Have you ever wondered why there are so many payday loan businesses lining the streets of Utah? Me too, and the answer might surprise you.
I noticed a few months ago how the streets of my childhood have changed. Instead of small local businesses, restaurants, banks, and grocery stores, huge conglomerates and corporations have replaced them. Perhaps, the most shocking business that seems to be everywhere are payday loan companies. You see them everywhere. On my particular drive, I counted ten different stores within a two mile stretch. How did this happen? How did predatory loan companies set up shop and takeover Zion like the walking dead?
An article by the New York Times explained it best, "It is the nightmare scenario for those who worry that the modern campaign finance system has opened up new frontiers of political corruption: A candidate colludes with wealthy corporate backers and promises to defend their interests if elected. The companies spend heavily to elect the candidate, but hide the money by funneling it through a nonprofit group. And the main purpose of the nonprofit appears to be getting the candidate elected."
In this case, the "wealthy corporate backers" was the payday loan industry. For years, lobbyists and investors from payday loan companies gave and funneled money to Attorney General Mark Shurtleff and John Swallow. In exchange, the Attorney Generals Office defended and made Utah the epicenter of the payday loan industry. In other words, the Attorney General was a front for the predatory loan service. We are just now beginning to understand the depths of the corruption and deceit. To me, it's disturbing that Utahns do a good job at electing corrupt folks like Shurtleff and Swallow, yet pass on decent individuals like Brad Dee and Reid Richards.
Back in 2008, the Deseret News reported on the "cozy relationship" Shurtleff had with the industry. The evidence was clear and the red flags were raised. Yet so many of our legislatures bought into Mark Shurtleff and his twisted defense of the payday loan industry. As he once stated, "It [taking out a payday loan] would take away an option that allows people with poor credit 'to avoid bankruptcy, repossessions and welfare. That would be immoral: not to give people that opportunity' of a payday loan."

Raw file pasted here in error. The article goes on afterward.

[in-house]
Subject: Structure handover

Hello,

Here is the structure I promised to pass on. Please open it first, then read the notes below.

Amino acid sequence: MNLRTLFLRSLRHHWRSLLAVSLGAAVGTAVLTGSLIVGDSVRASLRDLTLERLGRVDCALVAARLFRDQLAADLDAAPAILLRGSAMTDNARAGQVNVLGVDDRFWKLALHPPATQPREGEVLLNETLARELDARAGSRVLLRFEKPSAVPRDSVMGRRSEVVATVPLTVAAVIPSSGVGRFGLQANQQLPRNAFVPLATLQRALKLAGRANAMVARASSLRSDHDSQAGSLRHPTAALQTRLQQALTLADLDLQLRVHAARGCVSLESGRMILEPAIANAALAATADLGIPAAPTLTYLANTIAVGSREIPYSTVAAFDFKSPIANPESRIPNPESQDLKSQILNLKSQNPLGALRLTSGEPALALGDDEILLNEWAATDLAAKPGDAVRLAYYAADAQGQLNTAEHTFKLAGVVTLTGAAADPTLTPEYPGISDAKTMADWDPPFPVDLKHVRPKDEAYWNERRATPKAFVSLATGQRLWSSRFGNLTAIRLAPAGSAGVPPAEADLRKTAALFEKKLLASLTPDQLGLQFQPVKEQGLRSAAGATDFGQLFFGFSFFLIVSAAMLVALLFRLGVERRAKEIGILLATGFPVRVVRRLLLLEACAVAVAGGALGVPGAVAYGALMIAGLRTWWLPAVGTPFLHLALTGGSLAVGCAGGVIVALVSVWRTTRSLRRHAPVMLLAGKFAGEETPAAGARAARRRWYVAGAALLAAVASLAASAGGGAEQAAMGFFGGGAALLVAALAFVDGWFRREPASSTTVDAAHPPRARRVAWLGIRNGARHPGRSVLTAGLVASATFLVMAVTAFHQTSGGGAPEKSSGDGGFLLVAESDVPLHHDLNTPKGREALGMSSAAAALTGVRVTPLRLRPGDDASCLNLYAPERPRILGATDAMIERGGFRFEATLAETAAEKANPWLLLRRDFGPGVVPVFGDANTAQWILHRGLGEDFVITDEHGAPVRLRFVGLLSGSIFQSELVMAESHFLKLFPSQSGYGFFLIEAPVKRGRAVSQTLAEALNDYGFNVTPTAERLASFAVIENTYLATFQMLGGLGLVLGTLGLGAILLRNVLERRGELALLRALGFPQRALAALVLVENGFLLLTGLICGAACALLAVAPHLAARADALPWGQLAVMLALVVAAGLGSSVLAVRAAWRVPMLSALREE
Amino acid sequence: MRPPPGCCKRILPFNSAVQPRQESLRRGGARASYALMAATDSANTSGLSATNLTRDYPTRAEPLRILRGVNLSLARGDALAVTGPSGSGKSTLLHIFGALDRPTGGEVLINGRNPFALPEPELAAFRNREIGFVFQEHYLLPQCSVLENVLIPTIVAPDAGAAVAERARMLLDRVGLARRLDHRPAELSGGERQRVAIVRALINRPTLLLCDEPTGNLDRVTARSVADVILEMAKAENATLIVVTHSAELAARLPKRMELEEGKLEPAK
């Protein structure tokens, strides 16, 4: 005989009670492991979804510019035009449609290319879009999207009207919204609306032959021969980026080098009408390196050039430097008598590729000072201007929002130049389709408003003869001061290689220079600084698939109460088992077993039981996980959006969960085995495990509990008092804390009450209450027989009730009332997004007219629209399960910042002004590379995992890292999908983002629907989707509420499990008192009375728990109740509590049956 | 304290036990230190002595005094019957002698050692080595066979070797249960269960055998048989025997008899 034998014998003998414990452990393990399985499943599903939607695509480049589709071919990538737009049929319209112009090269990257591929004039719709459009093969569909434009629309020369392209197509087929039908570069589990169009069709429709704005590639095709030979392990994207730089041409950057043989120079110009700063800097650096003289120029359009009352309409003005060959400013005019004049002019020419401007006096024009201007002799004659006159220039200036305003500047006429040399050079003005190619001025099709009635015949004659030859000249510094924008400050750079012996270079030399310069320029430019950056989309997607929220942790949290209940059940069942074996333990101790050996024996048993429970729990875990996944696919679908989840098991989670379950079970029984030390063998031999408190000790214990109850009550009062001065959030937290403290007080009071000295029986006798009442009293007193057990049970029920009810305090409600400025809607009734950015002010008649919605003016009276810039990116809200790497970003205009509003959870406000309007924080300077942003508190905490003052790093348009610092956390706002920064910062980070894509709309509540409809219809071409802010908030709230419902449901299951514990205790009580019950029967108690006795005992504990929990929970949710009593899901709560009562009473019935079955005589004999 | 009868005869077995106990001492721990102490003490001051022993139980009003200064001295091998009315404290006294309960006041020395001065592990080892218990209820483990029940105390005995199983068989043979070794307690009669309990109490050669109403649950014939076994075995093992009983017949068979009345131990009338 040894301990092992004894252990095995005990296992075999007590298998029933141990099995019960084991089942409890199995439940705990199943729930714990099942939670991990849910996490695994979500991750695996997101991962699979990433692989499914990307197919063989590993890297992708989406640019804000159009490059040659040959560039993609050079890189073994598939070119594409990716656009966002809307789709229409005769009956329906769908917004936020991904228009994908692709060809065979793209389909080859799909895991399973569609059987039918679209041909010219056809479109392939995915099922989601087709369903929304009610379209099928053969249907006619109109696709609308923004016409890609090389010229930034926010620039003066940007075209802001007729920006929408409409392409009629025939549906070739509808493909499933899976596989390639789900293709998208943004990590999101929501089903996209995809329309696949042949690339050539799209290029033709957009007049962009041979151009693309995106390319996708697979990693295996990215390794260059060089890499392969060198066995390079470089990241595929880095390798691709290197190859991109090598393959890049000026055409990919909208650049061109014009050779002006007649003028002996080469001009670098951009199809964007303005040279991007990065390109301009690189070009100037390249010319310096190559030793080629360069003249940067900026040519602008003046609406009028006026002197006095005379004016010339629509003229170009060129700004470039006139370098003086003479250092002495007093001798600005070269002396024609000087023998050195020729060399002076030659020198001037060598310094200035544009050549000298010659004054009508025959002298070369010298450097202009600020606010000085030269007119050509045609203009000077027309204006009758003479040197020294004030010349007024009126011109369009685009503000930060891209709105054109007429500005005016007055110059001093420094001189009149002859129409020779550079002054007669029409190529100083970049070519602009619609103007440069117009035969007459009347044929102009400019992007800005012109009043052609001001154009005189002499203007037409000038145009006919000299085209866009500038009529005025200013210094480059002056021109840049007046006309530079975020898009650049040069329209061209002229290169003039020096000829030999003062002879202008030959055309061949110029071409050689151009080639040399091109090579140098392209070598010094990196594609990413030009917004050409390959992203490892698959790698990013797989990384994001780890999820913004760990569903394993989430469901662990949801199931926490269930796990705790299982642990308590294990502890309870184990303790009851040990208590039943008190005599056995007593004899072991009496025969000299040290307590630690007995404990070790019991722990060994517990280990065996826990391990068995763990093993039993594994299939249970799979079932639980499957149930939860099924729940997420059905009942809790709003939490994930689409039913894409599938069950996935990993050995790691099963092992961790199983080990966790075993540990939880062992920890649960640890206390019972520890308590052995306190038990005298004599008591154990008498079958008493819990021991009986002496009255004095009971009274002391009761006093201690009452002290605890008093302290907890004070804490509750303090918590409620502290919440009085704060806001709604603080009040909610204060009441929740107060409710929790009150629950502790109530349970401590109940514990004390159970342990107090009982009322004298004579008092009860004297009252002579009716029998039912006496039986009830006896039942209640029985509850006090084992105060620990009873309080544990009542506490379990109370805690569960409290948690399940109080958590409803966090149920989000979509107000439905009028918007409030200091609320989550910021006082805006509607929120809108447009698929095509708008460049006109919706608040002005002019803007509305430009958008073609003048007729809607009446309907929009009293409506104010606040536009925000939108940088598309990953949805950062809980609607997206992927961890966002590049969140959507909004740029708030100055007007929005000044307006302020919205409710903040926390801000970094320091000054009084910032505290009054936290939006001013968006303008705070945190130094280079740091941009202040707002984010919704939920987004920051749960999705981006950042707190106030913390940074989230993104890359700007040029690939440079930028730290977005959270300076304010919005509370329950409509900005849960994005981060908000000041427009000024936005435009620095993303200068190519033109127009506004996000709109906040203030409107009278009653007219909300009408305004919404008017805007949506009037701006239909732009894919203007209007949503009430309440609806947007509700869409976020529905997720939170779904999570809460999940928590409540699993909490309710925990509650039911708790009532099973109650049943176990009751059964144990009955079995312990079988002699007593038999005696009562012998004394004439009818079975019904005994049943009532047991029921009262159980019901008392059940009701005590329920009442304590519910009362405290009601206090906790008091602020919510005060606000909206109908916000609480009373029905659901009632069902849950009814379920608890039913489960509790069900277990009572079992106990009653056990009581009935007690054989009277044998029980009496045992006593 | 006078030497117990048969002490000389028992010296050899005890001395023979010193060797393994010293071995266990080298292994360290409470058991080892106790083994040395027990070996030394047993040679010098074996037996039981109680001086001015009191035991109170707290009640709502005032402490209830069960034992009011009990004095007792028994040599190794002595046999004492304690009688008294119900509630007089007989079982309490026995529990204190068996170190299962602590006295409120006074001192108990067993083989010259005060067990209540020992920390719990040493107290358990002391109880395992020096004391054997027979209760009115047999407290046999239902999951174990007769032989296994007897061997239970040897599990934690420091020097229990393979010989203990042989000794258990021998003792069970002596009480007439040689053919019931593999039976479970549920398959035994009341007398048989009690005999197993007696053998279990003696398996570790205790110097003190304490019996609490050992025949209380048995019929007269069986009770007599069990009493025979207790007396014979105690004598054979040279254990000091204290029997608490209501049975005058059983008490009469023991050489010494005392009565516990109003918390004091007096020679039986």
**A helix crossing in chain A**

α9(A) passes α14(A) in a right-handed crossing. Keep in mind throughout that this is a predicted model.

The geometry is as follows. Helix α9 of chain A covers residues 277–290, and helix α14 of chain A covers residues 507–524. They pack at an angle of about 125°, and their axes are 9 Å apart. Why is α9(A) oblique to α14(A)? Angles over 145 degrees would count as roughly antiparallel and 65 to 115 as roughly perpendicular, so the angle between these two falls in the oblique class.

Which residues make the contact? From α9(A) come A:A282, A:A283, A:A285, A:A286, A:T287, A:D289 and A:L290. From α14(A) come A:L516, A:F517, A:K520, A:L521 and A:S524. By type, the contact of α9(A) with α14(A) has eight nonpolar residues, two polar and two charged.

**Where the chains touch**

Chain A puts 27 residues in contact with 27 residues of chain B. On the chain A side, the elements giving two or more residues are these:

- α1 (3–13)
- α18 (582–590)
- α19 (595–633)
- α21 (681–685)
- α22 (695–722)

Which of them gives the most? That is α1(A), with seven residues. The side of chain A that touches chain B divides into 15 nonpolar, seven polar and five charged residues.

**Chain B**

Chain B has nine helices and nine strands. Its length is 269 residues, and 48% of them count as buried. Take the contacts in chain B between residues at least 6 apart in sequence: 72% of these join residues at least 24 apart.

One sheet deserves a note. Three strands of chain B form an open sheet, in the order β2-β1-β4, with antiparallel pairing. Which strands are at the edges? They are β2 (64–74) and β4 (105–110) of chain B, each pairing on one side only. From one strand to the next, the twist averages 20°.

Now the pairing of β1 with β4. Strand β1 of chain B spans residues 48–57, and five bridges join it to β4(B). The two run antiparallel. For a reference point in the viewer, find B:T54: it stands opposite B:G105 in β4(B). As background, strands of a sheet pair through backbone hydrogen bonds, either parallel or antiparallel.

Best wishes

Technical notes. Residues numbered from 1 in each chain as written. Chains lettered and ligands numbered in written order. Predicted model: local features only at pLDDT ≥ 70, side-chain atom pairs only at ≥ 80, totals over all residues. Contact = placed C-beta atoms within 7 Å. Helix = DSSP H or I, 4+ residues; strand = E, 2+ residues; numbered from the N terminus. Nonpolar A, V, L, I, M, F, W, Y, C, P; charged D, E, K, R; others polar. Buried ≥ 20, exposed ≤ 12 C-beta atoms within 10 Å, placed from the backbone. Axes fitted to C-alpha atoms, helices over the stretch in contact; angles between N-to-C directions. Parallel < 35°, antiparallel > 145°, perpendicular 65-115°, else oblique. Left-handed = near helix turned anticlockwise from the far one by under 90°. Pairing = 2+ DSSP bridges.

Yet, as a Consumer Report stated, predatory loans from most payday loan companies, "Mostly contain terms and conditions that ultimately harm borrowers." Satirist John Oliver also gave an excellent piece that explained payday lending and predatory loans.
As a member, bi-yearly I promise my bishop during my temple recommend interview that I have been "honest in my dealings with my fellow men/women." Perhaps it would be wise for the Utah legislature and other elected government officials to think about this when crafting legislation and laws. Do they support legislation because they believe in it? Or do they support legislation that will swindle the poor, minorities, and unfortunate out of even more money? In the case of the liberal laws that Utah has created toward the payday loan industry, they have done just that.
And as the Deseret News so dismally reported, "Utah has some of the most liberal campaign finance laws in the nation. Any candidate can accept any amount of money from any legal source, including businesses. And candidates can spend their campaign funds in any legal way they wish, including giving it to themselves. Recent attempts to tighten up those laws in the Legislature have failed."
We should not only know better, we should do better.